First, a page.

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City of Johannesburg and others versus The South African Local Authorities Pension Fund and others – SCA

City of Johannesburg and others versus The South African Local Authorities Pension Fund and others – SCA

16th March 2015

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Bowman Gilfillan assisted the City of Johannesburg ("CoJ") and four of its Municipal Owned Entities ("the MEs") (i.e. Johannesburg Water, CityPower, Johannesburg CityParks and Pikitup) in an application brought by the South African Local Authorities Pension Fund ("the SALA Fund").

During June 2004, as part of the restructuring of its pension fund regime with employees, CoJ (and the MEs) took a decision to cease participation in the SALA Fund (which is a defined benefit fund) and to terminate their pension fund contributions to the SALA Fund on behalf of employees who were members of the SALA and to contribute instead, with effect from 1 January 2005, to another Fund which is a defined contribution fund.

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The SALA Fund challenged that decision by CoJ and its MEs in the South Gauteng High Court on the basis, inter alia, that the decision was unlawful, invalid and impermissible as the rules of the SALA Fund did not permit any such withdrawal.  CoJ and its MEs opposed the matter and raised a preliminary objection pertaining to the SALA's Fund's failure to join in High Court proceedings those employees who were members of the SALA Fund.

In the South Gauteng High Court, the Court found against CoJ and MEs and effectively ruled that the decision by CoJ and MEs to withdraw as participating employers in the SALA was invalid and of no legal force.  The High Court also dismissed the preliminary objection that had been raised by CoJ and MEs pertaining to the SALA's Fund's failure to join in court proceedings those employees who were members of the SALA Fund. The objection was dismissed on the basis that it was not necessary for the SALA Fund to do so as section 7C of the Pension Funds Act permitted the SALA Fund to act on behalf of its members or litigate on behalf of its members.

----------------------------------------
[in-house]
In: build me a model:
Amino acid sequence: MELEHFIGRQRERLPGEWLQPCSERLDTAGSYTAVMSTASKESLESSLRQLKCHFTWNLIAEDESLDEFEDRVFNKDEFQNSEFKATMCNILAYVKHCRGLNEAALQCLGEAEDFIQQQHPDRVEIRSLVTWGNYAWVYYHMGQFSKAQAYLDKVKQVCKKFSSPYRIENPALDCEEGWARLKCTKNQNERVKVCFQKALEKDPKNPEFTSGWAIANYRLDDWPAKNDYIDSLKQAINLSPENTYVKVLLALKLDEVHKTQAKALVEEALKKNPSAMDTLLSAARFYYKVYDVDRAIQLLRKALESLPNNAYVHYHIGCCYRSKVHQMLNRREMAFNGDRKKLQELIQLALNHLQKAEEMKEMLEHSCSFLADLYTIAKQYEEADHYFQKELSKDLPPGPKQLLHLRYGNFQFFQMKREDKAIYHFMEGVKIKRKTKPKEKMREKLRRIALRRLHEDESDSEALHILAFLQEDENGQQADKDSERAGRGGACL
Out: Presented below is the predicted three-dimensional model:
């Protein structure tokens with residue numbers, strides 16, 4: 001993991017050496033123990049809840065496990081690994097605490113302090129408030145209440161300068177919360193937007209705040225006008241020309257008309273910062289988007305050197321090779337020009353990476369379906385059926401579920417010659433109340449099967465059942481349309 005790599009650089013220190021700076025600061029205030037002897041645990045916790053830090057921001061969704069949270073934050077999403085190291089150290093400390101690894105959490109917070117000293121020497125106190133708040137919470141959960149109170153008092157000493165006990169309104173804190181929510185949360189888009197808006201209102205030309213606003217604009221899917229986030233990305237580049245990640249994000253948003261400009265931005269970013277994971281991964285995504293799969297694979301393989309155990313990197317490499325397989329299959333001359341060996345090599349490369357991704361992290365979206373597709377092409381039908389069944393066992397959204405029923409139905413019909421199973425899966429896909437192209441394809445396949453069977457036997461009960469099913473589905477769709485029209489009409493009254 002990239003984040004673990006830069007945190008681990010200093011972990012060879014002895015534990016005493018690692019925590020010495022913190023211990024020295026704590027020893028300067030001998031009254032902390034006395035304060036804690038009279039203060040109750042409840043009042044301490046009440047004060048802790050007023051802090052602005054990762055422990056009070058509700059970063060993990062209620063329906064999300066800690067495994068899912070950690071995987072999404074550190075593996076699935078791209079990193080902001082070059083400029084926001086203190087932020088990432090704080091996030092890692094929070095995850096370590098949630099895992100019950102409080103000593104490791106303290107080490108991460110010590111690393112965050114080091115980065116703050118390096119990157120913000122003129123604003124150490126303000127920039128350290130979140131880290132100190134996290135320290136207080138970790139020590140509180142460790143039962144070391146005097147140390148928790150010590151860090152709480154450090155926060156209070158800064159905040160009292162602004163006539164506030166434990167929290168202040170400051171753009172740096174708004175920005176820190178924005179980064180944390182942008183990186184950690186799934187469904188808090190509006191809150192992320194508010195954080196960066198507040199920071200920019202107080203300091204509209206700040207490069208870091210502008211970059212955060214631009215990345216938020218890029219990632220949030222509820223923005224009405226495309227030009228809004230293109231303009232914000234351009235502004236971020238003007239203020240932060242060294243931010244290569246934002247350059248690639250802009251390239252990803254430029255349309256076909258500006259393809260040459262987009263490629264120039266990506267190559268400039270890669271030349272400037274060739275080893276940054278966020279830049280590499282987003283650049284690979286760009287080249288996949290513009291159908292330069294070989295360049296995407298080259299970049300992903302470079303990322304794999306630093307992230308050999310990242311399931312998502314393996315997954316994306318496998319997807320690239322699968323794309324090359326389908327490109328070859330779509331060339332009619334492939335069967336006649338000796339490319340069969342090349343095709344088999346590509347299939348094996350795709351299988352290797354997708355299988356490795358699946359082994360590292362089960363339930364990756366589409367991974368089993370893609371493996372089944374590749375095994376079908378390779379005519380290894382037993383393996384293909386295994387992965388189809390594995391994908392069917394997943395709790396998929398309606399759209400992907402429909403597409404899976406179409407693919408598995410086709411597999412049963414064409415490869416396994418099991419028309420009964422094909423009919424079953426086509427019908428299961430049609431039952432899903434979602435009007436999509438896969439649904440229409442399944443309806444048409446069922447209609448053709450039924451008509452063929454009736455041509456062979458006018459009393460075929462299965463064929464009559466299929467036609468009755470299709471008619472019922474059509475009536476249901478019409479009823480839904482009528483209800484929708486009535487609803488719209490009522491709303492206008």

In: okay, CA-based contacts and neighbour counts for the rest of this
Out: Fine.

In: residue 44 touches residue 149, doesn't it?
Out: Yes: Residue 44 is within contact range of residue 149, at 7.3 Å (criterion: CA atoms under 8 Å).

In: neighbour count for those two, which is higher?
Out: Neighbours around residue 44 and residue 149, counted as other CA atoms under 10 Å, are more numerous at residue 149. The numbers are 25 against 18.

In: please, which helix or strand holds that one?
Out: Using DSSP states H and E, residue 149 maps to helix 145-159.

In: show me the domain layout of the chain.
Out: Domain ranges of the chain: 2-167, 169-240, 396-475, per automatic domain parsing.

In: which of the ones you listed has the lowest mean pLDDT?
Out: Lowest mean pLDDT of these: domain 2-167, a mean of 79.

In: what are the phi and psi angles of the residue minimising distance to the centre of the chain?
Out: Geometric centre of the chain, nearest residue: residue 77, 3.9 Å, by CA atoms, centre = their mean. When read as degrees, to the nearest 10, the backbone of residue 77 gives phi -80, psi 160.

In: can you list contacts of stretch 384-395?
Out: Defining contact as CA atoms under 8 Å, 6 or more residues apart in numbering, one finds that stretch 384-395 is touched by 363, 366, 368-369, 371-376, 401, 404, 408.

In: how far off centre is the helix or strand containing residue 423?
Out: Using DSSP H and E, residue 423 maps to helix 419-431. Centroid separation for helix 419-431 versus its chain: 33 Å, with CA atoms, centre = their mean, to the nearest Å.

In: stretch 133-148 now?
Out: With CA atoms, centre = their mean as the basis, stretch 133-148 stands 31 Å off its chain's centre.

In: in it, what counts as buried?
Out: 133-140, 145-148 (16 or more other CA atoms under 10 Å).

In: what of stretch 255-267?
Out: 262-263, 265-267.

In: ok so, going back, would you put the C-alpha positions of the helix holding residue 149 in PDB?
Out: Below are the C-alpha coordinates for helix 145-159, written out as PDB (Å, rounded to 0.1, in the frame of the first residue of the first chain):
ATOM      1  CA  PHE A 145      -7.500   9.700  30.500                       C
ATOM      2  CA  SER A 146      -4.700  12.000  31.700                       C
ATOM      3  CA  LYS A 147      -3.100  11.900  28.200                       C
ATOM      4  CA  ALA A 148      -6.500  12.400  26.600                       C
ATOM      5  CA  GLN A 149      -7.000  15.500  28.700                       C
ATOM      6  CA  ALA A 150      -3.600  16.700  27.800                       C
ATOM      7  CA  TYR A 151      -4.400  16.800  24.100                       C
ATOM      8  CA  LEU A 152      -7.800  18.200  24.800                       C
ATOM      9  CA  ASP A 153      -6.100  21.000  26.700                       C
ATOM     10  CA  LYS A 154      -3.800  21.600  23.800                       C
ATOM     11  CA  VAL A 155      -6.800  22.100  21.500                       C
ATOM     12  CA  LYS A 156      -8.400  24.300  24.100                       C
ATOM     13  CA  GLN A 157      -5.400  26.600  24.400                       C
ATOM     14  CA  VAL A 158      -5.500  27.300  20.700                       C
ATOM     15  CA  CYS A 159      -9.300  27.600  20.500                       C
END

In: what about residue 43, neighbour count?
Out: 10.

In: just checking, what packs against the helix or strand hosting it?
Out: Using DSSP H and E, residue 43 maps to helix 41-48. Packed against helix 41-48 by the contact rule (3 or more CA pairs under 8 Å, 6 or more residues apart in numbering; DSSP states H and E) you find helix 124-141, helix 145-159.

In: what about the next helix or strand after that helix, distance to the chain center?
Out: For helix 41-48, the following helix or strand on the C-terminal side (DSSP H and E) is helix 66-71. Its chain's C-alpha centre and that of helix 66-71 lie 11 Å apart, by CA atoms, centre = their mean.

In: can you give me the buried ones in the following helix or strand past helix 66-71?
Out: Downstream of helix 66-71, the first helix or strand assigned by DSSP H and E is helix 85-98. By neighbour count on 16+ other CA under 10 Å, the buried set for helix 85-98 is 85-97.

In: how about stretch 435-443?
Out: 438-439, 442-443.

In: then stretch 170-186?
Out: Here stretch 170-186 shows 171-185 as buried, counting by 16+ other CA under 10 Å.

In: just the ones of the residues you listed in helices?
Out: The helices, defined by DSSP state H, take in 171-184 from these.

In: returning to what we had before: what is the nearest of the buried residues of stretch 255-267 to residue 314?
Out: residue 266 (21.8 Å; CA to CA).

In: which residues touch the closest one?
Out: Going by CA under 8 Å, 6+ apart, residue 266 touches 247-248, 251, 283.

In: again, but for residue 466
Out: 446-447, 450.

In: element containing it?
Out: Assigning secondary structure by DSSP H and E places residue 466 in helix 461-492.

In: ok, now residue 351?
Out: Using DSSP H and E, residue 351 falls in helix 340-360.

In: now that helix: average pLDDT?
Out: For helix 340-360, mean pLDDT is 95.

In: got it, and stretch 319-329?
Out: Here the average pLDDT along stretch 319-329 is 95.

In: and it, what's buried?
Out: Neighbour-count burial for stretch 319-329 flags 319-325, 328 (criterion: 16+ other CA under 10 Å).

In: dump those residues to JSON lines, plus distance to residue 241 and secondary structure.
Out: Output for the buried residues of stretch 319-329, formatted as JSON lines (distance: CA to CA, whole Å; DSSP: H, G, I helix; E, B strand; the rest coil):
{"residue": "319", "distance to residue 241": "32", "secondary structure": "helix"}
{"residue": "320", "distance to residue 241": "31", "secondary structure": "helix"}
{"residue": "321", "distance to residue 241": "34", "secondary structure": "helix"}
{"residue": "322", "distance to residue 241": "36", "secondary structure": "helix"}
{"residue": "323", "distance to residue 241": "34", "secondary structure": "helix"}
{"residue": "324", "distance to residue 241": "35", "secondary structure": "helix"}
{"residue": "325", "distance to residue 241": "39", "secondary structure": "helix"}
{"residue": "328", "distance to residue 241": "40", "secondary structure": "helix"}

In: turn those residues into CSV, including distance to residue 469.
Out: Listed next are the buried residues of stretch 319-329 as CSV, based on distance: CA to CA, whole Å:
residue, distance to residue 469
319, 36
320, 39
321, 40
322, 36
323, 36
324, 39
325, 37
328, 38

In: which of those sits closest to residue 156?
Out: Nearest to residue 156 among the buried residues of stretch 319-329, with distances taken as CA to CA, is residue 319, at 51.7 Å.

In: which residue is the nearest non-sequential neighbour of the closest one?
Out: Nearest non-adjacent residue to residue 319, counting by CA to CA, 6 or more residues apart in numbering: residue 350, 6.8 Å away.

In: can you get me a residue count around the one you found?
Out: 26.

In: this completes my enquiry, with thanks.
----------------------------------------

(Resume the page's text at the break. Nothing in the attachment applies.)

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CoJ and MEs appealed the High Court judgment to the Supreme Court ("SCA").  The SCA overturned the High Court judgment and ruled in favour of CoJ and its MEs:

  • the SCA ruled that section 7C of the Pension Funds Act does not entitle a pension fund or its board to litigate on behalf of its members and that the individual members of the SALA Fund ought to have been joined as parties in the High Court proceedings;
  • the SCA held that those members had a direct and material interest in the proceedings before the High Court and the relief sought by the SALA Fund in those proceedings (ie opportunity for those employees to state whether they prefer to remain in the new Fund which is a defined contribution fund or to revert to the SALA Fund which is a defined benefit fund), hence they ought to have been joined as parties in those proceedings; and
  • the SCA has referred the matter back to the High Court and has given the SALA Fund a period of three months to join the individual members in court proceedings failing which the SALA Fund's claim or application against CoJ and its MEs would be deemed to have been dismissed with costs.

The SCA judgment is important and significant in the sense that: it does not only clarify the legal interpretation of section 7C of the Pension Funds Act, but the High Court judgment that the SCA has overturned had severe financial implications for CoJ and its MEs as the SALA Fund was effectively entitled, in terms of that judgment, to all arrear contributions dating back to 1 January 2005 which the CoJ and MEs would have had to pay.

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